Global Logistic Properties (GLP) is planning to sell down its recently-acquired Gazeley portfolio of European logistics assets, for which it paid €2.4bn.

The Singapore-based company told analysts during its second-quarter earnings call that it was negotiating with investors about a syndication of the portfolio.

GLP, which entered the European logistics market through the acquisition of Gazeley in October, plans to retain a 15% stake through various capital sources.

Ming Mei, GLP’s co-founder and CEO, said: “We have been working with our capital partners – the pension and sovereign funds of the world – and they are very excited about this opportunity.

“We were also excited to be able to lead and partner with our investors to enter this market.”

Mei said there were “a few bidders” for Gazeley, adding: “We have been checking a few portfolios and have been working on this for the last six months.”

Mei said GLP, which is a major owner of Chinese logistics assets, said was “in the final stages” of launching long-awaited China funds.

There is strong investor demand to enter the Chinese market, he said. “We have identified partners to work with, and we expect to begin recycling assets in China [into funds]. Initially, it will be similar to what we have done in Japan.”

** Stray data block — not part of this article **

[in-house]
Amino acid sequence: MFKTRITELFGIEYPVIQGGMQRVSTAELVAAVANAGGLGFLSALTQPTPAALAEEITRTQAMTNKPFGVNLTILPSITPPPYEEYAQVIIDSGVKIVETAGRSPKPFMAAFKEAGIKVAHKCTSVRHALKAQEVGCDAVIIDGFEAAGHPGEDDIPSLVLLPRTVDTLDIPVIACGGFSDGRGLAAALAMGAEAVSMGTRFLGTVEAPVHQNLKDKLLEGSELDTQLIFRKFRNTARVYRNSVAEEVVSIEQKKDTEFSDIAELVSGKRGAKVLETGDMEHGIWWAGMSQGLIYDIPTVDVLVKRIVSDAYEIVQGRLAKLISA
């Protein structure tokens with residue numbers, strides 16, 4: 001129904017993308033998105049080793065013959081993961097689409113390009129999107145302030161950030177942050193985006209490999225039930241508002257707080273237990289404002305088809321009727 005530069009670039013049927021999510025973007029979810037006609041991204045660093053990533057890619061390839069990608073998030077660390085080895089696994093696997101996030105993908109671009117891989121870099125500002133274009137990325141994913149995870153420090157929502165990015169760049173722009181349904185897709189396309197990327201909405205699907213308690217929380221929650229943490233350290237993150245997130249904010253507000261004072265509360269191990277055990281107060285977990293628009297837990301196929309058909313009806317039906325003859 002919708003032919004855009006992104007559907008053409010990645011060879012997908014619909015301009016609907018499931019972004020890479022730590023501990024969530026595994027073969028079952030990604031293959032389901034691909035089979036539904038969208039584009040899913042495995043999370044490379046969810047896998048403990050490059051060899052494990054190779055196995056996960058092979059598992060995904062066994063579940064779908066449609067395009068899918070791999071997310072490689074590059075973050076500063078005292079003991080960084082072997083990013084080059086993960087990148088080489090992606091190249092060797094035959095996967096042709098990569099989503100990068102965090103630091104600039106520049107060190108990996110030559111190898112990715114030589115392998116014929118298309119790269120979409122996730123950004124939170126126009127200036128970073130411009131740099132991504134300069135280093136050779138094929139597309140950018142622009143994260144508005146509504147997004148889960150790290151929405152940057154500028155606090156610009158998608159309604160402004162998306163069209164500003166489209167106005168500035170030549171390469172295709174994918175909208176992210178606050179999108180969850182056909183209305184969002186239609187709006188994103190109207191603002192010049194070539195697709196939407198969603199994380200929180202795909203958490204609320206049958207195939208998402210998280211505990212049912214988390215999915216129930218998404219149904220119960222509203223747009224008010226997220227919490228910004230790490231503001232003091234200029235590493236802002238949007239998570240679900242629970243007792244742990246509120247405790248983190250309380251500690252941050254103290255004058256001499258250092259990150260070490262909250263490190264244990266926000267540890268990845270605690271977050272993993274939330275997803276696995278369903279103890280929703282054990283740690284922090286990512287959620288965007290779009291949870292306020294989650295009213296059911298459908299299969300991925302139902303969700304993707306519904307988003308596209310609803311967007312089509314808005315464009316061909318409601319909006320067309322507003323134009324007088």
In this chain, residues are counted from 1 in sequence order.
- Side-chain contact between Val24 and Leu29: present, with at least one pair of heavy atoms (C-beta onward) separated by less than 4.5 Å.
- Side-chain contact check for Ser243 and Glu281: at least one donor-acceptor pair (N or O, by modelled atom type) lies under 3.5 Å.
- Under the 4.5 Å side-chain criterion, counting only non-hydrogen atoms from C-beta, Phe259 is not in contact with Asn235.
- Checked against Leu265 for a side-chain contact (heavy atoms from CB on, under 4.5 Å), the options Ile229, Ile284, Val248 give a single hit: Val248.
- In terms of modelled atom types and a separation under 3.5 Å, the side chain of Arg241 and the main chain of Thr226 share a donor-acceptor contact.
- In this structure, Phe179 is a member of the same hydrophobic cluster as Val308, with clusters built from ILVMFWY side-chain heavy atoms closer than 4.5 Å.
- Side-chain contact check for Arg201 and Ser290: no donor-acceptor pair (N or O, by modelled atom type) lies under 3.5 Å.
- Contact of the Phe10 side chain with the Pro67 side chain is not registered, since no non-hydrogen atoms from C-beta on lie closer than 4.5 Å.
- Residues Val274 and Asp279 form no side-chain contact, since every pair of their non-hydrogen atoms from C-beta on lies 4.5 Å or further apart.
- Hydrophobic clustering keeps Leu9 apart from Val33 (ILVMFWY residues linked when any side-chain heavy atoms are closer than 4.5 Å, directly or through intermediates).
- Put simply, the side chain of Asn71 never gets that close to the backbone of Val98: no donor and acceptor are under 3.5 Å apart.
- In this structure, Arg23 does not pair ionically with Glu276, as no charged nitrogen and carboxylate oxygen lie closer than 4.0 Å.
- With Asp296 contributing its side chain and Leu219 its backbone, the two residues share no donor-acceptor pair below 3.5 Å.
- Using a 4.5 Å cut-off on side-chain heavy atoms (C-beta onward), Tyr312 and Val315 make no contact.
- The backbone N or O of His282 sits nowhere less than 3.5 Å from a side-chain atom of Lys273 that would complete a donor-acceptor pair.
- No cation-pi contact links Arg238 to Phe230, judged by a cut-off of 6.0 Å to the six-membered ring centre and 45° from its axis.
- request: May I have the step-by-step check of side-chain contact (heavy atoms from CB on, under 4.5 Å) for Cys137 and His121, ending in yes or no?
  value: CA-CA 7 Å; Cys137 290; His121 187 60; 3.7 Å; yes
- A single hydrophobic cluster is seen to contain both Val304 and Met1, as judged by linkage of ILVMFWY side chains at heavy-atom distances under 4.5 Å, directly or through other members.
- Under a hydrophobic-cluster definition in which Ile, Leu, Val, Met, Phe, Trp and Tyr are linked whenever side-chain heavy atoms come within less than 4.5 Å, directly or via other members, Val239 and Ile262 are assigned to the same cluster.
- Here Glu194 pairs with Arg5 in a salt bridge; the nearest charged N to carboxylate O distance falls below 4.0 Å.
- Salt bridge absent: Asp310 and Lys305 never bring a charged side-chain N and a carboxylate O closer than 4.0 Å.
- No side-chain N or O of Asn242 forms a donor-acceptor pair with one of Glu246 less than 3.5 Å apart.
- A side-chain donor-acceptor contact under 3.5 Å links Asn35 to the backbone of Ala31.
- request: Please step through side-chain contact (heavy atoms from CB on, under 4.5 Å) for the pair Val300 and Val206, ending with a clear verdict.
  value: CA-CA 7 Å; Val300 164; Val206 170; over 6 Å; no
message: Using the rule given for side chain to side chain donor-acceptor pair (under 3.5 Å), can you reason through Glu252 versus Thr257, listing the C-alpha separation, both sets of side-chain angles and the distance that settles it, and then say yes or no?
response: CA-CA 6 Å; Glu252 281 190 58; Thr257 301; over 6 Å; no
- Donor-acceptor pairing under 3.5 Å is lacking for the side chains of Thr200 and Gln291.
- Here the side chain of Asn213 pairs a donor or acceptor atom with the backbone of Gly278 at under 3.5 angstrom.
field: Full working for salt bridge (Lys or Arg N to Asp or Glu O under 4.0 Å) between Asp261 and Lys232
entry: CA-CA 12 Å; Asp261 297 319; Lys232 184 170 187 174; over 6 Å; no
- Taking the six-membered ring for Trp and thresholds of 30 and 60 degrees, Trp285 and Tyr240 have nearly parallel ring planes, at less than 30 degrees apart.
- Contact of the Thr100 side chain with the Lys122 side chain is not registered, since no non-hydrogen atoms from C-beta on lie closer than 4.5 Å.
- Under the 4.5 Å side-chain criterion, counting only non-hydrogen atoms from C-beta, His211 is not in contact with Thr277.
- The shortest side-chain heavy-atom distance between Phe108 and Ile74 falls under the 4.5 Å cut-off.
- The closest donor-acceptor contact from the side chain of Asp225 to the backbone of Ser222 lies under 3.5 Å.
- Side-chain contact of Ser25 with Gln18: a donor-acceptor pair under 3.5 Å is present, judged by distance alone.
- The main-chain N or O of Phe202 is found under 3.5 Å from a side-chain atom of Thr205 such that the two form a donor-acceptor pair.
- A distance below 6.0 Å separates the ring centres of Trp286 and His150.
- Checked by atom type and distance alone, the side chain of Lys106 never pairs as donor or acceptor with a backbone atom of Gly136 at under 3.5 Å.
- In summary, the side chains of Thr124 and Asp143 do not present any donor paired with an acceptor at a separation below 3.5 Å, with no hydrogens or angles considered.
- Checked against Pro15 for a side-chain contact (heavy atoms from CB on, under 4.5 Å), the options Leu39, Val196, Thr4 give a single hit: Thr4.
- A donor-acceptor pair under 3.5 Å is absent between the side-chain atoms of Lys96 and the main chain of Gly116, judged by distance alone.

He added: “What goes through our mind is constant balancing of the capital needs and capital recycling. We are enjoying the potential rental income and [capital] appreciation that comes from strong rental growth in China.”

Asked about GLP’s ambitions to grow in Europe, Mei said “we expect Europe to follow a similar trajectory” to its US$39bn Asia-Pacific business.

“There is no reason why we won’t have assets under management in the US$20-30bn range in the US and Europe in the medium-to-long term. We expect the same, or even higher, in China and Japan.

“This is all going to be under our funds management platform.”

In time, he said, all three regions are expected to contribute one-third in fee revenue to GLP, which earned US$98m in management fees in the first half of the 2018 financial year.

GLP shareholders are due to meet on 30 November to approve privatisation of the listed company.


An earlier version of the story misstated GLP’s Asia-Pacific AUM.